Originally published March 6, 2015
When I was young, I was sure I would someday come to wide acclaim. I was certain my genius would be recognized by a great number of people. I imagined my work being discussed among the intelligentsia at cocktail parties in distant cities, long after I was dead.
I expected I would soon be able to earn a living through my own work and never have to trade my labor for a wage. I wanted to be paid very generously, not because I needed to be rich, but as proof of how much others valued my talent.
I never doubted that this would eventually come to pass. My own self-worth was never in question.
For decades, I worked hard to make a name for myself. I honed my craft. I charmed and cajoled to get my work seen, produced, written about. Generally, I received excellent reviews. Sometimes, here and there, I made a big splash but it never turned into a tsunami. I still had to work for others in order to support myself.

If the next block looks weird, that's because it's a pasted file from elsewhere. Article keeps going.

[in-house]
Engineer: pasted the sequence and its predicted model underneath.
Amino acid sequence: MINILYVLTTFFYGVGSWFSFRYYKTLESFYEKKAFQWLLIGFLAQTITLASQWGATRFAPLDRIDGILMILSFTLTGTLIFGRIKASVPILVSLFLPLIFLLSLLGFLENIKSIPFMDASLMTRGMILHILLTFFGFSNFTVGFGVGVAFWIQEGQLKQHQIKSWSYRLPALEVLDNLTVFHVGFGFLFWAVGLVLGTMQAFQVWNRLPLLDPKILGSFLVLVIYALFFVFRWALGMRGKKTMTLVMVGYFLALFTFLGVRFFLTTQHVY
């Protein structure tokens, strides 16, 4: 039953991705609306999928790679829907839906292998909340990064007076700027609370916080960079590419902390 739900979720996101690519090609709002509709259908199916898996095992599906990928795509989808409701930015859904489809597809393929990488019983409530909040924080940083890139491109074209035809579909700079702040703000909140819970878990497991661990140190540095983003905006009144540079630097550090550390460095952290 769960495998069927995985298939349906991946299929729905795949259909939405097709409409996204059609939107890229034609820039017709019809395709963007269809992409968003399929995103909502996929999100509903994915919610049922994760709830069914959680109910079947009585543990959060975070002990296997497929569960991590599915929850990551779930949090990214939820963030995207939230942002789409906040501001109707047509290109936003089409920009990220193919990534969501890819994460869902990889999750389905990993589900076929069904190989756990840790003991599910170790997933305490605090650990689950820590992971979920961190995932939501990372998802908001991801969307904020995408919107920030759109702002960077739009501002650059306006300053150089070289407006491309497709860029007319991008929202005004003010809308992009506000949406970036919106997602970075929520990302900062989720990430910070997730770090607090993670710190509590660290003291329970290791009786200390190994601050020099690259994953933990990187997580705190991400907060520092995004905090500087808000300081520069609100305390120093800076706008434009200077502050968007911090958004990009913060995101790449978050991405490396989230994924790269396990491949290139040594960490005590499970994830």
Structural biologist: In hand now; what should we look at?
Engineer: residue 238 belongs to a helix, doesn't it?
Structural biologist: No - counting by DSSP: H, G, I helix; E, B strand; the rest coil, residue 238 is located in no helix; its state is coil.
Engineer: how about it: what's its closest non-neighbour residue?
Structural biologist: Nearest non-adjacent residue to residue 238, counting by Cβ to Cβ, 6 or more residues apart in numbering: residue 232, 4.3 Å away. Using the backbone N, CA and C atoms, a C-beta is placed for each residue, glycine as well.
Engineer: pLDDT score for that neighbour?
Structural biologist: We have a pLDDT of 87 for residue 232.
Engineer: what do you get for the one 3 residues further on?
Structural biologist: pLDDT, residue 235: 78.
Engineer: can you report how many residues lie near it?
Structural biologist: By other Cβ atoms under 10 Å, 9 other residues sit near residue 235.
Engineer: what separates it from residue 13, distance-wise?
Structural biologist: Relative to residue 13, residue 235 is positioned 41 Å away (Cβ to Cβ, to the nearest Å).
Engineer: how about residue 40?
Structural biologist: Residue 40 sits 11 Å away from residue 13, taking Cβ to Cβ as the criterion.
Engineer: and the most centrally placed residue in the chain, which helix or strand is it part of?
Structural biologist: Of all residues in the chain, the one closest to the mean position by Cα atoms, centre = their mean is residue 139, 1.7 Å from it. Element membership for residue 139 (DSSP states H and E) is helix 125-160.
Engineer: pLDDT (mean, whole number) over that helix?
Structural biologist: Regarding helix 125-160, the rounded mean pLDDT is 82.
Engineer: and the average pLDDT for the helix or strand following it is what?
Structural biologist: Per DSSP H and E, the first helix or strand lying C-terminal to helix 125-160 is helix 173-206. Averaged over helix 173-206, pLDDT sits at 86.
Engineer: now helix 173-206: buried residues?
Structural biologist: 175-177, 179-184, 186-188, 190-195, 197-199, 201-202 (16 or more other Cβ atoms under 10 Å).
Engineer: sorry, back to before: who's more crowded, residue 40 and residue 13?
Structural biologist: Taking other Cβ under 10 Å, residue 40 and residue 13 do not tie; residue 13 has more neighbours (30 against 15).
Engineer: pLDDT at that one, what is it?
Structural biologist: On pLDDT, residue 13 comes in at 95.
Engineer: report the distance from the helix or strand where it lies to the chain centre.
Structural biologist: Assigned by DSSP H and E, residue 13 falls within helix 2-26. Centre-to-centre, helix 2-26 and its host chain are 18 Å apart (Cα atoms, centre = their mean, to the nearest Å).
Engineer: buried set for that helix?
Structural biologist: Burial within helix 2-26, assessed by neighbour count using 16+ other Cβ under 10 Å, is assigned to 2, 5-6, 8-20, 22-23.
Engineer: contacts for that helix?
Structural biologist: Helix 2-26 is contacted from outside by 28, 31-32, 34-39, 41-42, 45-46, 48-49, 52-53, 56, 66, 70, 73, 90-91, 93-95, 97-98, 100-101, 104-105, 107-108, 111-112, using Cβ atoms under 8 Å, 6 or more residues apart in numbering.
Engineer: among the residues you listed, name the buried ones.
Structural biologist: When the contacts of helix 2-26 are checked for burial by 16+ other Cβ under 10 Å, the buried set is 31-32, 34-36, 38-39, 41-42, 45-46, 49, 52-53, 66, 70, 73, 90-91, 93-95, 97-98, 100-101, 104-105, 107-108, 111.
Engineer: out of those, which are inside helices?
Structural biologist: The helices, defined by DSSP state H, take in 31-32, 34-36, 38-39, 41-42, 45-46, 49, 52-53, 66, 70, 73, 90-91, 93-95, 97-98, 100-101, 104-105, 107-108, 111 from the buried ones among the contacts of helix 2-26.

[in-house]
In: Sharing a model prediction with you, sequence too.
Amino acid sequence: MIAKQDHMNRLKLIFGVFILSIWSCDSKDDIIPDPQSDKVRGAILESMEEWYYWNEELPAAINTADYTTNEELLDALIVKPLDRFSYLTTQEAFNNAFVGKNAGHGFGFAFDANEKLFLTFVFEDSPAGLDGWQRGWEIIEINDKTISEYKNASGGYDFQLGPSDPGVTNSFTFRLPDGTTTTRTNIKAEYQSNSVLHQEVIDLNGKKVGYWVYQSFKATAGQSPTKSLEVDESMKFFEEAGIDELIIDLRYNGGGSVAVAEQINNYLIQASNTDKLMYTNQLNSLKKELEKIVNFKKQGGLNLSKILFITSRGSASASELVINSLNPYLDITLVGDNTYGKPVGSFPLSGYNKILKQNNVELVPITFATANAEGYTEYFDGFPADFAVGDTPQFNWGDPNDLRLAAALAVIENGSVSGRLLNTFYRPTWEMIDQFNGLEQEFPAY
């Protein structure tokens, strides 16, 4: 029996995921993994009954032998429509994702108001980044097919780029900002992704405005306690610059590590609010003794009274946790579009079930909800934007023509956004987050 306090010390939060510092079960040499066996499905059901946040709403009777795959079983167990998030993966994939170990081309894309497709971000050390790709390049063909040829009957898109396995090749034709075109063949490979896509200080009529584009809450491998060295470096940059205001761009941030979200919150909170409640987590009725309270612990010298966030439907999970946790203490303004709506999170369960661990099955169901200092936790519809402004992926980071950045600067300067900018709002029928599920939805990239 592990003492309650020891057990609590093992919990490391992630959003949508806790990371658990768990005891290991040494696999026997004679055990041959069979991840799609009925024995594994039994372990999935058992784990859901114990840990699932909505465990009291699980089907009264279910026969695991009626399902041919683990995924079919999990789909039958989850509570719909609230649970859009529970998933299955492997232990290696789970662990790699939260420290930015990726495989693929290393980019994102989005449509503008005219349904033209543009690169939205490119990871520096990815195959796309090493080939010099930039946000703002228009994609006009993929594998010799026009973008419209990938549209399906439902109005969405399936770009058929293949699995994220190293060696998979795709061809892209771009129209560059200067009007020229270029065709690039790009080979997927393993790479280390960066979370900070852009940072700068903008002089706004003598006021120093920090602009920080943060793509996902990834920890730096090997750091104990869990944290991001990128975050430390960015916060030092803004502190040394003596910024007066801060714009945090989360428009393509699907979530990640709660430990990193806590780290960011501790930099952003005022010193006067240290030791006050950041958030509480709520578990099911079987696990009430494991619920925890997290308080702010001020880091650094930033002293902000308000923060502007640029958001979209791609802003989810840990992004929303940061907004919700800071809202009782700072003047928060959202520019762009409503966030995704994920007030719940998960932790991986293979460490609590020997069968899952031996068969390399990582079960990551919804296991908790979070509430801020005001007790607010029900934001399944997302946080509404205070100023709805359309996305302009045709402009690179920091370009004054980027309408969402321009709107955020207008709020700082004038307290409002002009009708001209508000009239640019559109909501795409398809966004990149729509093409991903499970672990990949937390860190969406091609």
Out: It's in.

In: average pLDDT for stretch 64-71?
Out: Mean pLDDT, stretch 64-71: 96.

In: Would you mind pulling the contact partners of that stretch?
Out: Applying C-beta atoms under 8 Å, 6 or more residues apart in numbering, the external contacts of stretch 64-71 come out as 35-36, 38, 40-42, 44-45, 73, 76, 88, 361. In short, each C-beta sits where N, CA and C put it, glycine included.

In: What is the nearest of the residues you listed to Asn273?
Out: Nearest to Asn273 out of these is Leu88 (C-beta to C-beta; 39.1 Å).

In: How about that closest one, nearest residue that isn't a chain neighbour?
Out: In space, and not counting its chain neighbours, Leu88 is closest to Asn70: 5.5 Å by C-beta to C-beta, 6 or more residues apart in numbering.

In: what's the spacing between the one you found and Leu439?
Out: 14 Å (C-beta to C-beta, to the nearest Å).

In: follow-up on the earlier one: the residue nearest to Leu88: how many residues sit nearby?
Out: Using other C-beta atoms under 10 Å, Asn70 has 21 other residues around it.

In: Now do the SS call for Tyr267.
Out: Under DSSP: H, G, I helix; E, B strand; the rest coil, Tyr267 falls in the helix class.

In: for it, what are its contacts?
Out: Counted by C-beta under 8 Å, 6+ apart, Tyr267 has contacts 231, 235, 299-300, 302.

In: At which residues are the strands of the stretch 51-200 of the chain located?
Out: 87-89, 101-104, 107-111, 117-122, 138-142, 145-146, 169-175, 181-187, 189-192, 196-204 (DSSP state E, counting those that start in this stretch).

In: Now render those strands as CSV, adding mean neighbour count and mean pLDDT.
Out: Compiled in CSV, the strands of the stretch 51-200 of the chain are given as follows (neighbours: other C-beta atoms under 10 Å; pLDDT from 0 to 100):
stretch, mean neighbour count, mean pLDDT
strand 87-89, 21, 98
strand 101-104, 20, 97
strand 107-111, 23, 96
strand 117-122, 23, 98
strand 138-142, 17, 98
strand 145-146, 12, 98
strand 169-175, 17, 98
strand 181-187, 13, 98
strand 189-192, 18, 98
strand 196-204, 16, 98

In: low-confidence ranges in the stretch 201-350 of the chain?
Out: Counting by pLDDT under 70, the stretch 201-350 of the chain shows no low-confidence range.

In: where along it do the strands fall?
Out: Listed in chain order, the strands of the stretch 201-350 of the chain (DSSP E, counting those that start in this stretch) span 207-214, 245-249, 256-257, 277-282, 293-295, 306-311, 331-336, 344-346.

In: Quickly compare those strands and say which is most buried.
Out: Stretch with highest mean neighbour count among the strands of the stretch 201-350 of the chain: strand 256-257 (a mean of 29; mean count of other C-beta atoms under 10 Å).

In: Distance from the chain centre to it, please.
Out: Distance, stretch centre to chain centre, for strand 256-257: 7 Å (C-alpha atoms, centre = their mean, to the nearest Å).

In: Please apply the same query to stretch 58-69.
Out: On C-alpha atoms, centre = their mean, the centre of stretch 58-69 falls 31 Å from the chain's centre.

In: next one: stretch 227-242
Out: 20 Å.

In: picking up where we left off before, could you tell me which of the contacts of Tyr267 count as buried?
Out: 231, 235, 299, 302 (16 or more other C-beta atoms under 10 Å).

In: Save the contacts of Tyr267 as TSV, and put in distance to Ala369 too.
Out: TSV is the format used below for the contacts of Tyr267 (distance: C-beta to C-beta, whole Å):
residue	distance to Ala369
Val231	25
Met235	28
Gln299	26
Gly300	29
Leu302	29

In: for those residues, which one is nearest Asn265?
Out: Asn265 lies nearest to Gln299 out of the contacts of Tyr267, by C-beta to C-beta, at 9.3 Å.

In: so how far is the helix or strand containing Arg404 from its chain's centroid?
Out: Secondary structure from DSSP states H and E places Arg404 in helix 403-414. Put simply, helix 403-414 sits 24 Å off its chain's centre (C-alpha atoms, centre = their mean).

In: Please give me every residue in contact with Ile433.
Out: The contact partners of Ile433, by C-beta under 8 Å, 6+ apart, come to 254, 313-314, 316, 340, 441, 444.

I watched others succeed in big ways. I cannot deny my resentment. Many rose to the top because of who they knew or because of family money or because of who they slept with. Fame requires a cleverness at selling oneself as a commodity; a willingness to do the bidding of those who can grant favors; a strong inclination to push aside whoever and whatever stands in the way.
It was one thing to put myself out there, but I was unwilling, on principle, to whore myself. I believed my work deserved to stand on its own.
For decades, I felt myself to be on the cusp of being discovered, but eventually it became too much of an effort to chase elusive, ever-receding fame. This requires the unbridled optimism, energy and naiveté of youth. There was already a second and third crop of hopefuls behind me. My window had closed.
I never stopped creating. Until the end, I had a small group of admirers, many of whom were strangers to me, personally. I learned to be satisfied with this. My audiences grew smaller but I became more grateful for each and every one. Once in a while, I’d get a letter saying how much someone had enjoyed my work, or how it had influenced their own.
I suppose, in the end, that’s all an artist really wants. To leave a legacy. Our work is our contribution to greater human understanding. We want our footprints to remain after we have moved on.